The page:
• The Benefits of Testing on Desktop and Mobile Separately

    Despite the common misconception to run the same test on all devices at once, running separate tests for mobile and desktop often yield much better and comprehensive results. Targetting your desktop and mobile audiences in separate is a good idea. Let’s see why. Mobile design and mindset is different When conducting A/B tests, have in […]

    Mobile or desktop

    Despite the common misconception to run the same test on all devices at once, running separate tests for mobile and desktop often yield much better and comprehensive results. Targetting your desktop and mobile audiences in separate is a good idea. Let’s see why.

    Mobile design and mindset is different

    When conducting A/B tests, have in mind that people on mobile devices are most likely on the go, at work, or commuting. Moreover, they have a much-limited field of view, on a much smaller screen. Thus, what usually works with desktop devices, will not always work for mobile users. Not only do some of the audiences convert much better some of the time, but they can also perceive your brand differently.

    Knowing whether the mobile or desktop version of your website is performing better is crucial toward optimising the sales funnels on your website.

    How is the mobile mindset different?

    People rarely order expensive or high-end luxury goods from their mobile devices. Moreover, they tend to make business purchases and subscribe to SaaS services or software tools mainly through a desktop. The reason for that is that they are either working or want to test the full functionality on their device.

    Whereas, when they are operating on a mobile device such as a smartphone, people are usually on the go. They are more distracted and have an even shorter attention span than usual.  For example, a big portion of the mobile users you would have would either be stuck in a traffic jam or sitting at a restaurant waiting for their order to come by.  These types of visitors need not be courted gently, and have to see the value proposition of your brand right away, since they are about to look away any second.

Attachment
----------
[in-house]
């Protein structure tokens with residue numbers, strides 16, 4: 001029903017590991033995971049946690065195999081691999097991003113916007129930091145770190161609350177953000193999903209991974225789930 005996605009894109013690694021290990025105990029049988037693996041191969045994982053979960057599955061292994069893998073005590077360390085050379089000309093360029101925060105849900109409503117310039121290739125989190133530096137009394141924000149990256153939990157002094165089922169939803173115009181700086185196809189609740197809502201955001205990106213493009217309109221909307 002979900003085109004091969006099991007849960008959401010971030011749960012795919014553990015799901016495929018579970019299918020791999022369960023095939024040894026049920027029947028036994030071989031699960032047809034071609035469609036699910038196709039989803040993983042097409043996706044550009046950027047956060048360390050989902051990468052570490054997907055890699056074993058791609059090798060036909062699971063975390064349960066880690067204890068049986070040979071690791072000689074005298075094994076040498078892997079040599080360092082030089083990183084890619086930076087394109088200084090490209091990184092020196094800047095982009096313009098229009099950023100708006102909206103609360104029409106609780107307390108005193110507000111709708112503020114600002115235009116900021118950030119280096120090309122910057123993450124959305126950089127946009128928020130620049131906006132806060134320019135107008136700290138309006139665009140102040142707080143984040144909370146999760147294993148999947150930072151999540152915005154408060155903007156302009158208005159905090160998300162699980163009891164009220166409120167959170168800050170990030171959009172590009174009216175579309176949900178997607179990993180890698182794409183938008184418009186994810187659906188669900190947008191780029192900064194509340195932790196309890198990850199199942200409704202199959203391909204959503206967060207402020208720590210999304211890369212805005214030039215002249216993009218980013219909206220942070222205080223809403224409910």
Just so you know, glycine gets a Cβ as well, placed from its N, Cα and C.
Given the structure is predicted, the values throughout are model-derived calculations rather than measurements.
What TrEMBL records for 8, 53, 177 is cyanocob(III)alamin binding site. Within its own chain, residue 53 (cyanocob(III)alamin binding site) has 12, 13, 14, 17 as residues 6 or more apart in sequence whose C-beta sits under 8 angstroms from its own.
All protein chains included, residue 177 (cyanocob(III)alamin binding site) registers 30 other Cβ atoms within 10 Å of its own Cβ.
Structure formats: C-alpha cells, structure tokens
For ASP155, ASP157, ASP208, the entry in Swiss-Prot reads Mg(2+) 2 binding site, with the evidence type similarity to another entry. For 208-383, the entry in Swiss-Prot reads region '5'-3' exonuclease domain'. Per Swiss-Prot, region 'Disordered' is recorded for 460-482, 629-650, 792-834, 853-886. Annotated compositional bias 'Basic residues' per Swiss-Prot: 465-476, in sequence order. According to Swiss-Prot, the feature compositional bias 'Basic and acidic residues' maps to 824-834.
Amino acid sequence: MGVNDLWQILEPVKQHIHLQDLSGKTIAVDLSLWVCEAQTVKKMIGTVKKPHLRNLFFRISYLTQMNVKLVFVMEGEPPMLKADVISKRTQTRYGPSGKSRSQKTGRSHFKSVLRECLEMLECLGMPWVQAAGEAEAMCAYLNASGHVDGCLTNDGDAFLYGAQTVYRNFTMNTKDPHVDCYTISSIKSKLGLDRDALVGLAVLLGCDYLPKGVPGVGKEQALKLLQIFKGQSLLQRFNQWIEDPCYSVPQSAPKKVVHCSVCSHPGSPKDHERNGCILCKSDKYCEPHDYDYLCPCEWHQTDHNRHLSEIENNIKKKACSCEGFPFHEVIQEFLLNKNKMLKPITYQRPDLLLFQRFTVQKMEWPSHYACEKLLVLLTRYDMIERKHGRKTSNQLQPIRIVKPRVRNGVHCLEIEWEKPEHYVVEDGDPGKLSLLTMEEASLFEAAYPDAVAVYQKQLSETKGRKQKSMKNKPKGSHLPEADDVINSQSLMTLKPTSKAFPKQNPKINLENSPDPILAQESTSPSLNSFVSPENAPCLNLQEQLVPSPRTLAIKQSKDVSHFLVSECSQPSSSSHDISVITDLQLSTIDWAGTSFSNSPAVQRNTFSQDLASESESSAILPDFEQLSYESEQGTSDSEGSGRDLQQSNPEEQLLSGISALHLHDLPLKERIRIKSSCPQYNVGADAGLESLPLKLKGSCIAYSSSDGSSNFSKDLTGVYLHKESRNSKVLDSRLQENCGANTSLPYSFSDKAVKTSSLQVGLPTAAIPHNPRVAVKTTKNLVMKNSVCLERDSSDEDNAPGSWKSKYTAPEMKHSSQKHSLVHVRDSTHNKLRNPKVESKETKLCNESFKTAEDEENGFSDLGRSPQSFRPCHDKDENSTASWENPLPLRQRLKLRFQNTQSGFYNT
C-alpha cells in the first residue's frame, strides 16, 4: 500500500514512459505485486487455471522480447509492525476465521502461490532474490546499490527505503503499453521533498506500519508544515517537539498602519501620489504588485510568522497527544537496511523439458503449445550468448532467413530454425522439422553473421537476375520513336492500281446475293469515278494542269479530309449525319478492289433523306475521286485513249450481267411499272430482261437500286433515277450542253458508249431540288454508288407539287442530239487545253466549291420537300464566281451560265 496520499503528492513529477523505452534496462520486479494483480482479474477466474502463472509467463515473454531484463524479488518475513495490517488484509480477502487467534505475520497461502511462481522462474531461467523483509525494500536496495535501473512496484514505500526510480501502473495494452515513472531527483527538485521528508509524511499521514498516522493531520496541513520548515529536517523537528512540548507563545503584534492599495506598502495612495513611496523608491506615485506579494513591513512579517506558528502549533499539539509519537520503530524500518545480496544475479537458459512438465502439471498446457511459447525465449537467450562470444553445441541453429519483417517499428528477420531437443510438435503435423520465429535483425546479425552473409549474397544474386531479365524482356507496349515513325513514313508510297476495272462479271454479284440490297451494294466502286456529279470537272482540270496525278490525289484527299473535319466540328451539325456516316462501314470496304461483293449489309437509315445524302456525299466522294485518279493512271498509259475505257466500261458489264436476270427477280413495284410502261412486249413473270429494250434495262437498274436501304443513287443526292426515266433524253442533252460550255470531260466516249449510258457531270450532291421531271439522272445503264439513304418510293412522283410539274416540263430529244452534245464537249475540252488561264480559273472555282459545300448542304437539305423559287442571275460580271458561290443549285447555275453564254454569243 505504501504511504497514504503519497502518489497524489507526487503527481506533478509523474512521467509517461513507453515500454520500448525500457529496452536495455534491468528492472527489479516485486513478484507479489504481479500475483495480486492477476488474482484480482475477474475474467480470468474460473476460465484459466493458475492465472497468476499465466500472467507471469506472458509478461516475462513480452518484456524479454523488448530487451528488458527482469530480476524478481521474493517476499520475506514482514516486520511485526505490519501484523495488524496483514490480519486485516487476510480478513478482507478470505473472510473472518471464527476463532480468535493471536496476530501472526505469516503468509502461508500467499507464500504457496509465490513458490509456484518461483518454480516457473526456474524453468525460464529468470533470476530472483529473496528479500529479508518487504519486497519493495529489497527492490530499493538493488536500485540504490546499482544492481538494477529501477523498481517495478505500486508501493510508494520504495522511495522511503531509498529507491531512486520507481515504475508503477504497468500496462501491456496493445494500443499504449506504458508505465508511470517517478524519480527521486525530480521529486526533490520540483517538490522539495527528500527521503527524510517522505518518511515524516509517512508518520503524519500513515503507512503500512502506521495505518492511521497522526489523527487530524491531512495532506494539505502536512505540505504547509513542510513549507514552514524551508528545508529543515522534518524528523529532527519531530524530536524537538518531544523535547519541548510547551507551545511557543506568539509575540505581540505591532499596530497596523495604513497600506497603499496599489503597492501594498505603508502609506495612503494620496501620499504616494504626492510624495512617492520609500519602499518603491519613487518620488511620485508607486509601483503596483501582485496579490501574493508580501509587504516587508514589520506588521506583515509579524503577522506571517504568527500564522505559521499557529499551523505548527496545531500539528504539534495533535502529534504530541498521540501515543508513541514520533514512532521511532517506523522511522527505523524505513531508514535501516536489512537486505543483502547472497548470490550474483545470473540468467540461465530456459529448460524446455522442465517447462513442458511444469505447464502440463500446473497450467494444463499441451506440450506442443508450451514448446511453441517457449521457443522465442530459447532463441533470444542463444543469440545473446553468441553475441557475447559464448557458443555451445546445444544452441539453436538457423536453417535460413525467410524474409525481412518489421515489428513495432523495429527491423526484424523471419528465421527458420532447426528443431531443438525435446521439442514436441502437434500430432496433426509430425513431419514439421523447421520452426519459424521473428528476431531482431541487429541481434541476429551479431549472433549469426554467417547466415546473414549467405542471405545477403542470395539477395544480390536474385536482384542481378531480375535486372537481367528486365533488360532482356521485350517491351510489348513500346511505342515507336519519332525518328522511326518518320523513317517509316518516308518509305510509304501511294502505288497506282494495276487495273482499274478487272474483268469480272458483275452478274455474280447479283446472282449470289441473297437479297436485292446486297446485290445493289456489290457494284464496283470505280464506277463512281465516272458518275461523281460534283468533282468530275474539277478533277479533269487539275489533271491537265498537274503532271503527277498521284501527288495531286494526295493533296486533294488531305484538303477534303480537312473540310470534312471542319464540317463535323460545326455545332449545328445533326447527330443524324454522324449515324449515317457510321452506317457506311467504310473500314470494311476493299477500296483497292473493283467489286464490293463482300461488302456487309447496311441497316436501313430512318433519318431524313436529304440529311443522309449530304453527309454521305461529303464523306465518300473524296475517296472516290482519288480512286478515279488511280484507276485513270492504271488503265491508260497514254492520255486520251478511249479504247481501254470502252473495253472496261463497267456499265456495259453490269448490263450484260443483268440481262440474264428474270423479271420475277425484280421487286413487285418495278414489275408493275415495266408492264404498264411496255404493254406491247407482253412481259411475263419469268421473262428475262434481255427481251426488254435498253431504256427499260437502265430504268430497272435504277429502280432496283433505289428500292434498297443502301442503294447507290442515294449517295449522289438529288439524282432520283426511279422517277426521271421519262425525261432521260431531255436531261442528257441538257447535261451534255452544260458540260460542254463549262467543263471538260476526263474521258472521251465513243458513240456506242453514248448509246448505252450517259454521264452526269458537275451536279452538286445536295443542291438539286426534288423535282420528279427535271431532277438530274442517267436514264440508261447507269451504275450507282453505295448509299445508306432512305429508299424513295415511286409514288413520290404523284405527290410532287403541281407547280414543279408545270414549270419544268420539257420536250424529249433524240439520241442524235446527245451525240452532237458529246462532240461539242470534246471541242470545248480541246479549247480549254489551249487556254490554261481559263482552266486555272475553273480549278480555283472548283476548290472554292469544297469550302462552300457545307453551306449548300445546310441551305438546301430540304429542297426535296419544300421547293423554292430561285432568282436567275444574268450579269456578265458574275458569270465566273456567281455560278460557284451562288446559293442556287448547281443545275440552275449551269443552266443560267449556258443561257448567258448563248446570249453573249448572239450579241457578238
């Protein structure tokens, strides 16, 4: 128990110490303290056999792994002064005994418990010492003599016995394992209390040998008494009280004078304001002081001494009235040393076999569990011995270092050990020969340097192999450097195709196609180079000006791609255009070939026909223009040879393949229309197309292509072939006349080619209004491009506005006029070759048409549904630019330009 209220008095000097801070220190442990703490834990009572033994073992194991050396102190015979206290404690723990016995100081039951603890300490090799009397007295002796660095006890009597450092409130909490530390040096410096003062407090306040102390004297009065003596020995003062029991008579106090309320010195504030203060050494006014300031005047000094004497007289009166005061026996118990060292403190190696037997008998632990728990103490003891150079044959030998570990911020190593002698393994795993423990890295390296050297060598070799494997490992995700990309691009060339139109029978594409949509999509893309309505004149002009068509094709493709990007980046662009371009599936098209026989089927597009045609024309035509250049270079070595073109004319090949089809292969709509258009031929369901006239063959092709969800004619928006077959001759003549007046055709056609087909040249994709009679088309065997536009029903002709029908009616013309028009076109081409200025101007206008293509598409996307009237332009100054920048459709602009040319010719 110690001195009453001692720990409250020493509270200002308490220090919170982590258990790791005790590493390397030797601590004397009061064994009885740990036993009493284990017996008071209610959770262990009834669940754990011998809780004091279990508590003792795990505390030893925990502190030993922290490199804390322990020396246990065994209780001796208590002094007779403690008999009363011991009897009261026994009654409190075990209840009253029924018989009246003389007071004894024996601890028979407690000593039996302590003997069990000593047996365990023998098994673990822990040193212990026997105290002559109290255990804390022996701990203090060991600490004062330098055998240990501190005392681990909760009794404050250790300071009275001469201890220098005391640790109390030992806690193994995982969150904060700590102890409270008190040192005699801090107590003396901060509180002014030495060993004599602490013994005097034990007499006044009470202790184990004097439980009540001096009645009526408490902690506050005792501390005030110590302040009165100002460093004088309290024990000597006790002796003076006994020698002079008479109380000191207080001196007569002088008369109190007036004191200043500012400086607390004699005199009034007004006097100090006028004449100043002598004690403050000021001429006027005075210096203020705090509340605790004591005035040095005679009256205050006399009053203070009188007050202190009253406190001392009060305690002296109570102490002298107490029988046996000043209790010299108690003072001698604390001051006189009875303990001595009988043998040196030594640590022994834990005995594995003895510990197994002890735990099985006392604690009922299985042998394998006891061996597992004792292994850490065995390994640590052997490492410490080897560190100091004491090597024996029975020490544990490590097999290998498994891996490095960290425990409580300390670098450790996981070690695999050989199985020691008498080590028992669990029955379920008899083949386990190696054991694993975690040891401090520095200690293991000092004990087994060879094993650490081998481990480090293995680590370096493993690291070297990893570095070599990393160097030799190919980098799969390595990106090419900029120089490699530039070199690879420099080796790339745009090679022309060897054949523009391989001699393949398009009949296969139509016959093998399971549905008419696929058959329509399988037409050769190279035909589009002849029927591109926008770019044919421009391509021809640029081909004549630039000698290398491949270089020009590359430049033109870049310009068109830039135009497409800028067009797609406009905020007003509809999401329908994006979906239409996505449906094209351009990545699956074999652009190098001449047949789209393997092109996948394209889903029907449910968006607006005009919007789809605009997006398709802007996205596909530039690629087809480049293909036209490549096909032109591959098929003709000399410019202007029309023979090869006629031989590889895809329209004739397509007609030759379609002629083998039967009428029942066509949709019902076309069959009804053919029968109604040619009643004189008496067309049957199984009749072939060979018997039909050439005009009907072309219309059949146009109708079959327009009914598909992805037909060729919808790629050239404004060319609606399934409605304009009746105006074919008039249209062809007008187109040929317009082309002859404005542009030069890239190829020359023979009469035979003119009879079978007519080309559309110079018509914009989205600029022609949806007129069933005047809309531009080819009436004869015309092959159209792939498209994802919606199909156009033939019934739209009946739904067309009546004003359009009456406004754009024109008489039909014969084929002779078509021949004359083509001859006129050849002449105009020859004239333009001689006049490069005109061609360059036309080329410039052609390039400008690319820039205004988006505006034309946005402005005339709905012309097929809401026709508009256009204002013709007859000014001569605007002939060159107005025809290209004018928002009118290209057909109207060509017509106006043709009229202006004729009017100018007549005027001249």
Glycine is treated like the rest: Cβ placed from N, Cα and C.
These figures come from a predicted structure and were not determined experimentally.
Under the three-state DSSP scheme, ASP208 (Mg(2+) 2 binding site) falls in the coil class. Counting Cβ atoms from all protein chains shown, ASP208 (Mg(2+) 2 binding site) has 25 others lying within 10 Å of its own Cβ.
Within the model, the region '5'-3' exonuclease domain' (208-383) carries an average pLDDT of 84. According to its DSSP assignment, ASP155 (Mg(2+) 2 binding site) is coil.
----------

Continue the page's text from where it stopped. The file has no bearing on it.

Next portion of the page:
Tablet devices shouldn’t count as mobile, since most people use them for work and at the comfort of an office, or at least a quieter environment. The only touching point of tablets and mobile is that they are not optimised for writing and people hate to do that with them. Try to optimise conversions and test tablets only if you have a large tabled portion of your traffic. Otherwise, focus your attention elsewhere.

    Mobile traffic can be distinguished

    Android vs ios

    Mobile traffic from android and from iPhone users are two different things and shouldn’t be treated equally. The purchasing habits of iPhone users and Android users are not alike. For example, simply looking at phone applications, iPhone users spend almost 4 times more money on online purchases, whereas Android users don’t.

    Moreover, the majority of Android users are estimated to be of lower income than iPhone users. This is one of the reasons why there is a constantly climbing market share for Android use, as high as 75 per cent. This is one of the reasons why we are able to target by device type and operating system. If you are targeting rich folk, try going for iPhone users and A/B test to see the results.

    Aside from that, what works for iPhone, might eventually end up working for Android too. Or it might not. It depends entirely on your product and the audience’s expectations. Experiment, analyse and optimise to get the best results in terms of conversions and revenue.

    Mobile vs Desktop – Different Traffic Volumes

    Traffic mobile desktop
    Mobile vs Desktop Traffic, Image courtesy of searchengineland.com